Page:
time it gets removed, it gets more distorted. I took little bits and pieces
that are commonly associated with the Colonial era. Ceilings are low . . .
beams, brick fireplaces . . .
BT There is always a hearth. So
the gallery had eleven-foot ceilings and I wanted the beams to come down to
seven feet, to convey the right feeling. Rather than lower the ceilings, I
made the beams four feet thick—that’s how I solved the problem.
The effect of those beams was a surreal displacement of something like Colonial
Williamsburg, or the faux marbling painted on expensive interiors.
never liked the word faux. Like trompe-l’oeil, it connotes
surface and illusion at the expense of objectness. Although I use artifice,
it’s not the central theme of my work. It’s subtext. There’s play with
material, certainly, but I hope the work is given a kind of authority
because of the attention to detail.
You were invited to do a piece in Ghent, Belgium, titled Eureka; it
was like the Bauhaus thing, artists collaborating with designers. This is
the press release: “The project focuses on the relationship among
sculptors, designers, fabrication hardware manufacturers, and software
companies in creating artwork that expresses the interface between the
virtual and the real.” What about that interface? (laughter)
I like working with people and exchanging ideas. I like collaborating. The
idea was to try to do something that hadn’t been done before. So there I
am, in Belgium—I had been speaking with people about various software
packages that simulate actual conditions like wind tunnels, to test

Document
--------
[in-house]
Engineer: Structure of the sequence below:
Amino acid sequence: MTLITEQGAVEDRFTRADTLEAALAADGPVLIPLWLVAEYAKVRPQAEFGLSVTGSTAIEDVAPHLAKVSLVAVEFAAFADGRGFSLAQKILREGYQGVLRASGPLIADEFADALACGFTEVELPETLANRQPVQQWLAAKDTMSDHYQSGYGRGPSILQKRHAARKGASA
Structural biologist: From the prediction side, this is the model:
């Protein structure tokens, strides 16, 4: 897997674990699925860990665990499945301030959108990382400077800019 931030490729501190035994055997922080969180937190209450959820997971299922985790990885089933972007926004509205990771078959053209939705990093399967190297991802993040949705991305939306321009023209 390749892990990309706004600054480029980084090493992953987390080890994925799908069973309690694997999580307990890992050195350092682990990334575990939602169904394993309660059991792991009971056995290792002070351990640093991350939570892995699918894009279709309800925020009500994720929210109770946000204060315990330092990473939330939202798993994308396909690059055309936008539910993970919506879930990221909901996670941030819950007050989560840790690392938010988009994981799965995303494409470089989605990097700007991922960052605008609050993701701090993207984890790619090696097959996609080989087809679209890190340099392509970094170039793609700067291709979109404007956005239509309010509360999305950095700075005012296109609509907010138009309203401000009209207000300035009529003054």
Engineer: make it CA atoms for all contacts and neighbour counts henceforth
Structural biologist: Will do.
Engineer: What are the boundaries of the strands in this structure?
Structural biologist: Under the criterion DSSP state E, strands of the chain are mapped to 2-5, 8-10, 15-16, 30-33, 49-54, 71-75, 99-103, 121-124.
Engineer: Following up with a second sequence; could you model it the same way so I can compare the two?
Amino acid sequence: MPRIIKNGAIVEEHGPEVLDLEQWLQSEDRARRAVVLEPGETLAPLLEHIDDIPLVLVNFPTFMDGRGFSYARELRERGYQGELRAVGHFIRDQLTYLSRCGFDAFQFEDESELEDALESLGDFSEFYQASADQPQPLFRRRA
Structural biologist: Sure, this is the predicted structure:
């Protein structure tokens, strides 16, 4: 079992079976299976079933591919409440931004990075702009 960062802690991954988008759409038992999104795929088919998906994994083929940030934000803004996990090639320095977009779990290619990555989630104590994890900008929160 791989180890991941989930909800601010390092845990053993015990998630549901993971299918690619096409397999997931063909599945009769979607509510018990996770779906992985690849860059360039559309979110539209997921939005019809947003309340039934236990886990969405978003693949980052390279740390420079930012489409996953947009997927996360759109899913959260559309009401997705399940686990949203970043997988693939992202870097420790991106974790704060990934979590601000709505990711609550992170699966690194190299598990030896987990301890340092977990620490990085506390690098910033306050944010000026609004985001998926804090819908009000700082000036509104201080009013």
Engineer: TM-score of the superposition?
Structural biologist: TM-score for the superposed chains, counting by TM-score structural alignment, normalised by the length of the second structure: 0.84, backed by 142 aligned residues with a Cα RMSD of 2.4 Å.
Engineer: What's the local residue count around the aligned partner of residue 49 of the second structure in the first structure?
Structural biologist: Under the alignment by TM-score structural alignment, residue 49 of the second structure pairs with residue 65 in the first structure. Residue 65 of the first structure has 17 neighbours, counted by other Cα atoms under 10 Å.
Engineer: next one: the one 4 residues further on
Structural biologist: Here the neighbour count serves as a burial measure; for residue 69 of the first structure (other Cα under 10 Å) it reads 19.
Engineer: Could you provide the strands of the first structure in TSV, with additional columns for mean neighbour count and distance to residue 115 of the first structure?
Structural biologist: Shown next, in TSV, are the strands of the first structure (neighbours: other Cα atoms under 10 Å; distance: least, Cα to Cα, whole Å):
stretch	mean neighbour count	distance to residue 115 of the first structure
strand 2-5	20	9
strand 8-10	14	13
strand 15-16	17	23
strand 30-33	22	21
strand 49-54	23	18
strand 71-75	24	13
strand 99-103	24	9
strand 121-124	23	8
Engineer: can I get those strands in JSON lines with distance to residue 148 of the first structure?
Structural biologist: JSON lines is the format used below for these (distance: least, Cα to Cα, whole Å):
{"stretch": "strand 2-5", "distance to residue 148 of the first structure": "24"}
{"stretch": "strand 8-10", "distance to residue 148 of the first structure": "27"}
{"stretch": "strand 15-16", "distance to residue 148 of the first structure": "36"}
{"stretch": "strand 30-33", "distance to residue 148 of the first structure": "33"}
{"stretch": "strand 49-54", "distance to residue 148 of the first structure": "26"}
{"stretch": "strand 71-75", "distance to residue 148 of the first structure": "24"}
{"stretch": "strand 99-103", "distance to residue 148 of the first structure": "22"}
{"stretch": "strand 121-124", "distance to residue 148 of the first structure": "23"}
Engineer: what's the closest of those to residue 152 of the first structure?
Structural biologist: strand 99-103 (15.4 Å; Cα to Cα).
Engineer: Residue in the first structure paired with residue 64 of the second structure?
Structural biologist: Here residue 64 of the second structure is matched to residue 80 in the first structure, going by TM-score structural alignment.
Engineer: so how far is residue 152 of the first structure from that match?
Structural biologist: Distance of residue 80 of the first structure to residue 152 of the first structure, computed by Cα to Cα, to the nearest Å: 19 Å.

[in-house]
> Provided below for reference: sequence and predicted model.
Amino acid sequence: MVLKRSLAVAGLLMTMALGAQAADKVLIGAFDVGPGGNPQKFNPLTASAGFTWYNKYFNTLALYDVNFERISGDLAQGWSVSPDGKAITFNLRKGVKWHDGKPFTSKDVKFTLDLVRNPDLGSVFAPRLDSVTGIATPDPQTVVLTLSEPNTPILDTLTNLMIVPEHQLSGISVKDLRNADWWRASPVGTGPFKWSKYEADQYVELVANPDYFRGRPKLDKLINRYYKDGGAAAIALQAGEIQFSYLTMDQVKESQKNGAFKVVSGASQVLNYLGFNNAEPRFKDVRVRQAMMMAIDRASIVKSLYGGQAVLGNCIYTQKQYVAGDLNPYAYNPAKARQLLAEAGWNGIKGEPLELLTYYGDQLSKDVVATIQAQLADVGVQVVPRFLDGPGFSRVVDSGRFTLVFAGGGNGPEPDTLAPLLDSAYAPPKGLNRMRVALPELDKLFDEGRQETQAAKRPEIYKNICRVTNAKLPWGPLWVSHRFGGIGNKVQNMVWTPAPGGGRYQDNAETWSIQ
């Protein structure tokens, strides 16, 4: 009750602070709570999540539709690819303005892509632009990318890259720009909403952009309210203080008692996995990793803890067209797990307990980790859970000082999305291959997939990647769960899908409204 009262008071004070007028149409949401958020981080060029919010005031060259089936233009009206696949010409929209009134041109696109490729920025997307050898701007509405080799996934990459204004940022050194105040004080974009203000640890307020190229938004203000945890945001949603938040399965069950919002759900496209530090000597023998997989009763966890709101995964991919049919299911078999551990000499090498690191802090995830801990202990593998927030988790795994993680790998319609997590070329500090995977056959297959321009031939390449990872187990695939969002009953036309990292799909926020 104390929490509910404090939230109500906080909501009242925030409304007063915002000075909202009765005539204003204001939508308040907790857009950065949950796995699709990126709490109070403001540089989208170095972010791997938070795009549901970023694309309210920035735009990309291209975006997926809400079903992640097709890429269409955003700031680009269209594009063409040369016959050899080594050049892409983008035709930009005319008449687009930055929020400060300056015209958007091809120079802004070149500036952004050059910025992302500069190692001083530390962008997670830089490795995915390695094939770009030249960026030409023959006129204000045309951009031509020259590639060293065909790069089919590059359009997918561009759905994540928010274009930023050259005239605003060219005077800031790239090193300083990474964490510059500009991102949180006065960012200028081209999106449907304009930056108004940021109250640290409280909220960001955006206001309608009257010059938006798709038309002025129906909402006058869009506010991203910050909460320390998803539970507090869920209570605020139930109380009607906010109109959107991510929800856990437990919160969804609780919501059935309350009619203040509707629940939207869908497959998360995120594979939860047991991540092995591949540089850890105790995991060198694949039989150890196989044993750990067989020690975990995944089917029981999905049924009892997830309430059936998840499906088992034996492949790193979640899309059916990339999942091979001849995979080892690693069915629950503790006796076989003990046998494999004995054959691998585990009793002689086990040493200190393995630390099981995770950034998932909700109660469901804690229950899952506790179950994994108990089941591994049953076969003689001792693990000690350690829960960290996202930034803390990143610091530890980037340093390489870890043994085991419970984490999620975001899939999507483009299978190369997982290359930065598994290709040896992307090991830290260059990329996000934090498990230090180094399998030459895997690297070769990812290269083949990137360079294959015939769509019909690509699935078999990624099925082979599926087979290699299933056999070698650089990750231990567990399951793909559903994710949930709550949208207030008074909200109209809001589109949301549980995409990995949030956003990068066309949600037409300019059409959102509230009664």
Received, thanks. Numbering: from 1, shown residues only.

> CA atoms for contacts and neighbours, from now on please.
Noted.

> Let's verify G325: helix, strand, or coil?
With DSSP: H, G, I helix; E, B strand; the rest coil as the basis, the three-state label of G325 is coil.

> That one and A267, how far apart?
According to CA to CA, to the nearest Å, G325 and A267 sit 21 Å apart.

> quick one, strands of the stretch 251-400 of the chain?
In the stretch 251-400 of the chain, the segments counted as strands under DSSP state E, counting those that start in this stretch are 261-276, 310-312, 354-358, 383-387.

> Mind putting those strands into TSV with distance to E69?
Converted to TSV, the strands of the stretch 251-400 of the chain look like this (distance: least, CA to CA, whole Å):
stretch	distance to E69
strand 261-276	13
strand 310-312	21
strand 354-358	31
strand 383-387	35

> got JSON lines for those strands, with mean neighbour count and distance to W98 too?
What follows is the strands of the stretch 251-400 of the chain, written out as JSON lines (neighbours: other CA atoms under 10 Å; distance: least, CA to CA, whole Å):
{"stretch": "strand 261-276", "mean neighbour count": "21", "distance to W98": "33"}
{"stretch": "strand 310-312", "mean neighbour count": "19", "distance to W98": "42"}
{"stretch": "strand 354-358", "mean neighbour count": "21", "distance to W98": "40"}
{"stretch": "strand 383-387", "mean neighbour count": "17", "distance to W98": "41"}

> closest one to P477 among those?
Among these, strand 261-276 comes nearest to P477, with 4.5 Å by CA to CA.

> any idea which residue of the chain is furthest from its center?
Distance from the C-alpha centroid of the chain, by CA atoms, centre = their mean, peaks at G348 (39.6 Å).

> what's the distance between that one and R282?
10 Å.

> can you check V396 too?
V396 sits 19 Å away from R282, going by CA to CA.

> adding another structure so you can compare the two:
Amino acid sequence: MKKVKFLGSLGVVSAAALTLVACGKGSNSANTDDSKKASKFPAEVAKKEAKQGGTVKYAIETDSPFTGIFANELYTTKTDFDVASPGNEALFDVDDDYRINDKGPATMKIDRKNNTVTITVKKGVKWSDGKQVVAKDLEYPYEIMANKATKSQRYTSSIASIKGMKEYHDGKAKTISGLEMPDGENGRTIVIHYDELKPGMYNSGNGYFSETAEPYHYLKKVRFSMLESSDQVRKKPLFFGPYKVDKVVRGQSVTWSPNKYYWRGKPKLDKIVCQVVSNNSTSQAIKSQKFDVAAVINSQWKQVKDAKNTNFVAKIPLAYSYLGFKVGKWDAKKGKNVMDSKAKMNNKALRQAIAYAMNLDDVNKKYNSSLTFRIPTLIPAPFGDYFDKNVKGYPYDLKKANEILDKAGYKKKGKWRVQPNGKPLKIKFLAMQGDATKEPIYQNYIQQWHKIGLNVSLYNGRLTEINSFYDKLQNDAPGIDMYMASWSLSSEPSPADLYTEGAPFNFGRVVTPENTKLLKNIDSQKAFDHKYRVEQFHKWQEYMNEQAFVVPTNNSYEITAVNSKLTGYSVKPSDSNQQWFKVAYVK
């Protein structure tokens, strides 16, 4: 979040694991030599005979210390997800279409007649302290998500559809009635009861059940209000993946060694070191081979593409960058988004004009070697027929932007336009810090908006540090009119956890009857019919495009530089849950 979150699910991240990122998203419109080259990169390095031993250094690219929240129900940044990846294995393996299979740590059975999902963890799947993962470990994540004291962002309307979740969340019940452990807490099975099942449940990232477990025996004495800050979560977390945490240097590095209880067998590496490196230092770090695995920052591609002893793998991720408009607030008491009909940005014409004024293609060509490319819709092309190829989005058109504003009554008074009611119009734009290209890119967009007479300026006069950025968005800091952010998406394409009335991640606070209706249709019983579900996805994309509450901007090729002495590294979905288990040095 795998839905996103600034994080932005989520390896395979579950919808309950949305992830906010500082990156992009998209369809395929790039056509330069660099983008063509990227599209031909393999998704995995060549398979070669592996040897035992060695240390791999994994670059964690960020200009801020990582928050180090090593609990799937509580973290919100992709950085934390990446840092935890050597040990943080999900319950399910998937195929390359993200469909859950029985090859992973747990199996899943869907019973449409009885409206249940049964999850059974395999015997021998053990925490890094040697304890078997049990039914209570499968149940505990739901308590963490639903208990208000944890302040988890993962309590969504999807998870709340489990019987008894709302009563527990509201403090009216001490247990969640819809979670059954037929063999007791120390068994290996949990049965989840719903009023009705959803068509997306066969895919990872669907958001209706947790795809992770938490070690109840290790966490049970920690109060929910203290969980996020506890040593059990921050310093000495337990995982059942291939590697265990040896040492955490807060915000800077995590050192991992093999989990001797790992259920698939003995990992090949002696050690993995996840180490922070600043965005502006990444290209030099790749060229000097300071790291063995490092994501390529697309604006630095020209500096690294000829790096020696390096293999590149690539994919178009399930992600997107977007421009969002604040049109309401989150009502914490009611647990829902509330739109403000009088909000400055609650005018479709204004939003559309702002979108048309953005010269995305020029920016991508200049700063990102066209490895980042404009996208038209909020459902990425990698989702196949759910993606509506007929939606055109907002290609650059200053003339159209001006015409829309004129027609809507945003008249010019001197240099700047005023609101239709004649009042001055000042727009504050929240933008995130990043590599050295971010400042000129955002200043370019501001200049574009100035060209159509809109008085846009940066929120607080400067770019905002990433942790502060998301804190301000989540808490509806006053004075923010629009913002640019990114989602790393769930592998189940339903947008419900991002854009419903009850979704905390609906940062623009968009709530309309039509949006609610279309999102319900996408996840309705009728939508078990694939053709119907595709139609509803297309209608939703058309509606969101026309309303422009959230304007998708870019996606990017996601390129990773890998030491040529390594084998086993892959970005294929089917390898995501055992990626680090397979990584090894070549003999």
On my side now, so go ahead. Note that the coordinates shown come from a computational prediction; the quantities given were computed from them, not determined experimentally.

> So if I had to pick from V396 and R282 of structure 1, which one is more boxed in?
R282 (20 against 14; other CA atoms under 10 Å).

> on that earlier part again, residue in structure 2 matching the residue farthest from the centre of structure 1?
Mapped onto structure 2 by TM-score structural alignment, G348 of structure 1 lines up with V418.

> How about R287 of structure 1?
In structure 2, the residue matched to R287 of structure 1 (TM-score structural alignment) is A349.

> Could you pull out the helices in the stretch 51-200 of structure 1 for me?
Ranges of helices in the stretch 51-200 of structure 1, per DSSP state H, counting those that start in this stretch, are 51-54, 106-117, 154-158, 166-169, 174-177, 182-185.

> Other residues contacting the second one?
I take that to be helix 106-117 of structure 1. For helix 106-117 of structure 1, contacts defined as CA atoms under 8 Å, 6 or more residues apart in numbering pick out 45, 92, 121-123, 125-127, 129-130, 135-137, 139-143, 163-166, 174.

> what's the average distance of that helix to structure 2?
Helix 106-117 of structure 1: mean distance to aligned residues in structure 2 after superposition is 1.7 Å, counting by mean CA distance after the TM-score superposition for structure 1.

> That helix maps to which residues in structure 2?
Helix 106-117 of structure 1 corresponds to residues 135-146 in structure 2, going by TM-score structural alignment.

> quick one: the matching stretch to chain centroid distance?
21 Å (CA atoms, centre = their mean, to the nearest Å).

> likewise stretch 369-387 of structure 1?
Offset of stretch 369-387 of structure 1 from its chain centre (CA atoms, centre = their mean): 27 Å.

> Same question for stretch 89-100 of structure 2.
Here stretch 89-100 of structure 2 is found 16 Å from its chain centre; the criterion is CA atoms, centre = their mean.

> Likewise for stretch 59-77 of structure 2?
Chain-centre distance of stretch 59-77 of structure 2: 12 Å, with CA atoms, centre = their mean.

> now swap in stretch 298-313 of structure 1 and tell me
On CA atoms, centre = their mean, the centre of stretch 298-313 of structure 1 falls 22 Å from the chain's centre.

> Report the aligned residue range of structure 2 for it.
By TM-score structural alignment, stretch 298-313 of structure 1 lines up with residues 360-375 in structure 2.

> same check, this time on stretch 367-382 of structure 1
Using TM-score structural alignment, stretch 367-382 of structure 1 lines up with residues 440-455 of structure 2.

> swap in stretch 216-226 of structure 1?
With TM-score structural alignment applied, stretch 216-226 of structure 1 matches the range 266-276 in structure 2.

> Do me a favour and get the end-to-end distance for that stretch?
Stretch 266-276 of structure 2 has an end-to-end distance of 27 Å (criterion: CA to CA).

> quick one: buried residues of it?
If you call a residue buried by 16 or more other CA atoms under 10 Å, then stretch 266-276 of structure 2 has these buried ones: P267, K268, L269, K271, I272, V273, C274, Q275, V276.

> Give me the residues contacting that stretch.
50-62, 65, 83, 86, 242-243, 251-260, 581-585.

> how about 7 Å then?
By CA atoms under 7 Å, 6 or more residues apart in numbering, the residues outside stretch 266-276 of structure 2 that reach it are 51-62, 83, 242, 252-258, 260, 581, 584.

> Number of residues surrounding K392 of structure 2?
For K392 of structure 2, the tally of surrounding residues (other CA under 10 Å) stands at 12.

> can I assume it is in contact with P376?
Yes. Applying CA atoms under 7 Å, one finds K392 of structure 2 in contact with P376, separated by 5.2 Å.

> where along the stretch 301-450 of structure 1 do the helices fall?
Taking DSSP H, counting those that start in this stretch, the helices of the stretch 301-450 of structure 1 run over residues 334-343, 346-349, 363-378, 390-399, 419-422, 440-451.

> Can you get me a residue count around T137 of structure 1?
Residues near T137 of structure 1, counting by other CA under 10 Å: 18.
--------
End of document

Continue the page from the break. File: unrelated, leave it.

airplanes or cars. They create a virtual window and then test the
resistance and strength of the material. I was interested in software that
simulates real wave algorithms to test the hulls of ships. So I found a
building, a 17th-century canal house, and we digitally mapped its façade.
Then we created a virtual water plane and tour boats modeled after those
that cruise the canal. We piloted the boats through the water to create
wake patterns. We then reflected the building’s data onto this modeled
surface. The computer model was then output in full-scale 3D using a CNC
milling machine—that model was sculpted using Styrofoam, coated with
urethane and painted by hand. It was shipped to Ghent in ten sections and
installed onto the original building. The result is a collision between
water and architecture, creating something between the two. The ripples
that disturb the façade in Eureka are actual waves cutting through
the building. I wanted to express something that technology enabled me to
bring into real time, real space and integrate it into a landscape rather
than onto a picture plane.
You’ve taken the actual architectural façade of the building and marked it
with this indexical trace of the boats passing by. It’s a virtual brush
stroke transgressing the validity, or at least the solidity, of the
building’s architecture. You’ve remapped the space of the city using a
structure that’s an integral part of the urban fabric.
It gets back to the earlier discussion about the conceptual framework of
research-based artwork. I could spend hours explaining the technological
significance of this gesture, but at the end of the day, it’s a highly
So let’s jump to your next project. Who are Alice and Job?
This is where things sort of go awry. I was asked by Shoshana Wayne Gallery
in Los Angeles to do an exhibition in the old railroad terminal, which is
an enormous space. I started investigating Los Angeles history and picked
up Mike Davis’s City of Quartz. He makes a reference to Llano del
Rio, which was the largest socialist experiment in the United States; 1200
people moved out to the desert between 1914 and 1917. I accumulated a lot